Deeds and Mortgages and Documents, Oh Yeah!

A woman called us for help because she suspected that her boyfriend was married.  She had looked up marriage records in her county and didn’t find anything.  She knew that he may have married elsewhere, but didn’t know where to search. He was originally from Boston, and he could have married there, but neither the City of Boston nor the State of Massachusetts has an online marriage database.

She just wasn’t sure where to go next.

We suggested that she use our site to go to the recorded documents database in her county to see if he owned a home and how the property was vested (owned).  Sure enough, she found his address and all the documents that have been filed in his name at that address.  The documents showed that he had purchased, financed, and recently refinanced the property with his wife.  The vesting was “Married, filing jointly,” meaning that it was very likely that he was married.

The woman who asked for help thanked us, and promised that the man would get an earful the next time he called for a date.

What makes recorded documents so valuable?

Recorded Documents are generally considered to be deeds, mortgages, liens, and judgments, but they often contain so much more.  You can often find military discharges, bonds, trusts, child support enforcement, business registration, power of attorney filings, financing statements, Uniform Commercial Code filings, trusts, partnership documents, leases, and Wills.  Some counties also provide birth, death and marriage certificates, and quite a few will give you copies of the documents online—for free.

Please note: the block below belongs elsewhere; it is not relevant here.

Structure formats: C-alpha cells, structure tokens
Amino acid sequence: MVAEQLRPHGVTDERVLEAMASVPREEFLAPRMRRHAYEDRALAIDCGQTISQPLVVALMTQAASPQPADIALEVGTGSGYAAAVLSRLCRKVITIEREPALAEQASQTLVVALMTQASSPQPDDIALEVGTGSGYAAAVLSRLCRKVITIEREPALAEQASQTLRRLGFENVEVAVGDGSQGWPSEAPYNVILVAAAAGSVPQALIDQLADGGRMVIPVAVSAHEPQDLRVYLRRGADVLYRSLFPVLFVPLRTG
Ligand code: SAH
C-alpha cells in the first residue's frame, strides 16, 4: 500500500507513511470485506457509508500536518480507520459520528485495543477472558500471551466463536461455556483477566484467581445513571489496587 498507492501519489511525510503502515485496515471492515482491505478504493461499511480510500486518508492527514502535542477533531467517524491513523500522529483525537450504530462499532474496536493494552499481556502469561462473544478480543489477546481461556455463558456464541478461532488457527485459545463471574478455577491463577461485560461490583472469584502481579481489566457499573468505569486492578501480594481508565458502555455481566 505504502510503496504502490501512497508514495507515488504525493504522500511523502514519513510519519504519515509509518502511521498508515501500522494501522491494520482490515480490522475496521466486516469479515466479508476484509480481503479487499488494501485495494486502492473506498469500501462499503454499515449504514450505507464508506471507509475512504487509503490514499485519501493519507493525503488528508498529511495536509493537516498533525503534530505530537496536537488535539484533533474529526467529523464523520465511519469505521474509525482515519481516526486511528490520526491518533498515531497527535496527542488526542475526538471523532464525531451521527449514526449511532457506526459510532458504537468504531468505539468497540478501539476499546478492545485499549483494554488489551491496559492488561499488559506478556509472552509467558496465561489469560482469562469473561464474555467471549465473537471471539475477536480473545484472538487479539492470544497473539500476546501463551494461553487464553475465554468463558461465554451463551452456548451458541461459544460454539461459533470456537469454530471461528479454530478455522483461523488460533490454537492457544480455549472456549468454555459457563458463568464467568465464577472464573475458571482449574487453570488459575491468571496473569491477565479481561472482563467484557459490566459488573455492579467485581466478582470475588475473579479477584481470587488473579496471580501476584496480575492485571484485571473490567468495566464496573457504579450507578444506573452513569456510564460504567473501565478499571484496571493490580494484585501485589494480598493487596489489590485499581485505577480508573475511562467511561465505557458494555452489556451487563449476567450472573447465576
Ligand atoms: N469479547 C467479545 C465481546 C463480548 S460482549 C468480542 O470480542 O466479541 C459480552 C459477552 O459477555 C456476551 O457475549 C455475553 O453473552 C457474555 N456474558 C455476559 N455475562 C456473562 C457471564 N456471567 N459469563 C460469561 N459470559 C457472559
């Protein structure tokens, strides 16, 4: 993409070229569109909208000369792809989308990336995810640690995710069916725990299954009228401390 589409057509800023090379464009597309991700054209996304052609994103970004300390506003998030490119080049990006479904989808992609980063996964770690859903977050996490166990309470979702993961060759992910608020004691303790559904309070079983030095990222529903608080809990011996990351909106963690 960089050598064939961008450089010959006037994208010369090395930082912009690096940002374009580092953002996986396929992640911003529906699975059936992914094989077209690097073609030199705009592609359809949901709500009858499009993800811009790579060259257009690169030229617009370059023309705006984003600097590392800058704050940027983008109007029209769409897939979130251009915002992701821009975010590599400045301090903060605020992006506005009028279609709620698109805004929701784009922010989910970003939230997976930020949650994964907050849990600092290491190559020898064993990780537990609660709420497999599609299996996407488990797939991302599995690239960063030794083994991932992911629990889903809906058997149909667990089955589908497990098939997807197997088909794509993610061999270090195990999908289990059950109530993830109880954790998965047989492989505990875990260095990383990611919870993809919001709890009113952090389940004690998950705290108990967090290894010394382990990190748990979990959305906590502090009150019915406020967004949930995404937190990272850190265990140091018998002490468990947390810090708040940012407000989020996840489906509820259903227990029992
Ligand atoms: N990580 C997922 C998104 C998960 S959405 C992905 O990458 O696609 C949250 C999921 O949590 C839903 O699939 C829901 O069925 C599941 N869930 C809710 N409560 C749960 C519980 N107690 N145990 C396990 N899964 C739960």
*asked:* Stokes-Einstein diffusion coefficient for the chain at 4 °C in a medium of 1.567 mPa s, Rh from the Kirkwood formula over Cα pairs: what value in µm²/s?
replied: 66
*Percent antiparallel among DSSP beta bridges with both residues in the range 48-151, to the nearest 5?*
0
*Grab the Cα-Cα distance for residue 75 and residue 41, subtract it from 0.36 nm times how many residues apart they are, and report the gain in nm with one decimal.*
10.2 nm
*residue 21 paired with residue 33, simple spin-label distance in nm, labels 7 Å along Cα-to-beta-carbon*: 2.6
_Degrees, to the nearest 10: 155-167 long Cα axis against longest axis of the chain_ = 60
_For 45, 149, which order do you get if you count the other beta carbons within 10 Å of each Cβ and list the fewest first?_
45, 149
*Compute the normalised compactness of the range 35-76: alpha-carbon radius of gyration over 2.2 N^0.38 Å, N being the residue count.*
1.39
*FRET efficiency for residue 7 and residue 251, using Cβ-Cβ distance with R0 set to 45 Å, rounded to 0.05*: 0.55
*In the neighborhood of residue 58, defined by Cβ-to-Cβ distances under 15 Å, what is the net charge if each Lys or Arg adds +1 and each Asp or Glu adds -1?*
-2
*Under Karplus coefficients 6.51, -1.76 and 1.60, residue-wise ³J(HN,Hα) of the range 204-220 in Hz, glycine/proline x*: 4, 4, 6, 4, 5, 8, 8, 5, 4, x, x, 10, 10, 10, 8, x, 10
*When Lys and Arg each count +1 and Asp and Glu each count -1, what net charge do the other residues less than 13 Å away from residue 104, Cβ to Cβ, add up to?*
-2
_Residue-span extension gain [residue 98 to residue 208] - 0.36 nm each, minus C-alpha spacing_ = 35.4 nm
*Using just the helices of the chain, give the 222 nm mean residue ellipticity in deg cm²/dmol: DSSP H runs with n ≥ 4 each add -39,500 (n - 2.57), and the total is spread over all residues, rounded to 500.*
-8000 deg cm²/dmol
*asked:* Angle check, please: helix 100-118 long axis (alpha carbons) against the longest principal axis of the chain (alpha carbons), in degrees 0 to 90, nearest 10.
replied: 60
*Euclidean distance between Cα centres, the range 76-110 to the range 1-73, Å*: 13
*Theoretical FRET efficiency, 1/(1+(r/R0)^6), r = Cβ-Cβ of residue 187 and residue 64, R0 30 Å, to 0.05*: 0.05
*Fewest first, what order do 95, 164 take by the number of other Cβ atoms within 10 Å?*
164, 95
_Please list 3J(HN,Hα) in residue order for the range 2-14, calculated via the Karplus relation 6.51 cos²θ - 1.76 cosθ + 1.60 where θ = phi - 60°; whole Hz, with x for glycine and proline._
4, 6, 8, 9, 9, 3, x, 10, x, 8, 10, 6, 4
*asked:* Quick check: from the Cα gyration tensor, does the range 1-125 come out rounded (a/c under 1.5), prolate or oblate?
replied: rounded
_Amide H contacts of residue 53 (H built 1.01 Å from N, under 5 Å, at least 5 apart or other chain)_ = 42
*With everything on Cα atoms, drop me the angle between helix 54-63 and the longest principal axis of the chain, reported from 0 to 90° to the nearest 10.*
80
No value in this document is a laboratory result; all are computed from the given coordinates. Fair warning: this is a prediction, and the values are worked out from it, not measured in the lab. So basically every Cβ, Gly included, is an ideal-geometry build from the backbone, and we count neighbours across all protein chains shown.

Try it yourself at the Maricopa County, Arizona Recorder’s database:

Maricopa County Recorded Documents

There’s no need to sign in and you can view the documents without paying a fee.

Or try the Cuyahoga County, Ohio Recorder’s offering found here:

Cuyahoga County Recorded Documents

Compare the two and you’ll find that many of the documents they provide are the same, but each provides additional categories that the other doesn’t offer.

Florida has a statewide service that they provide through, but the database they provide isn’t as robust as what the local Florida counties provide directly.  But if you’re looking statewide for information it can’t be beat.

How do you find these treasures?  One of the difficulties in trying to find these databases is that they have so many different names.  Many people call these “grantor/grantee indexes.”  Florida calls them “Official Records.”  Georgia calls it their “Real Estate Index” (available statewide).  In some states you have to search the county “Clerk of Court,” while in others the records are filed at the “Registry of Deeds.”  The other problem is that the search engines have gotten so large that often the link that you want is buried behind hundreds of thousands of other results—if it even exists.

As you might know, we’ve been working since 1996 to find public record databases and provide an online directory of public records on our web site.  To make it easy for our visitors we try to keep the link titles as consistent as we can.  All recorded document links on our site are labeled as “Recorded Documents.”

To help you find the kind public records you want, we’ve grouped the most commonly used categories together.  Go to the left-hand column of almost any page on our site and you’ll find helpful search fields.  The drop-down menu on the top left in U.S. States says “By Topic.” Click on that and go to the “Recorded Documents” section for that state.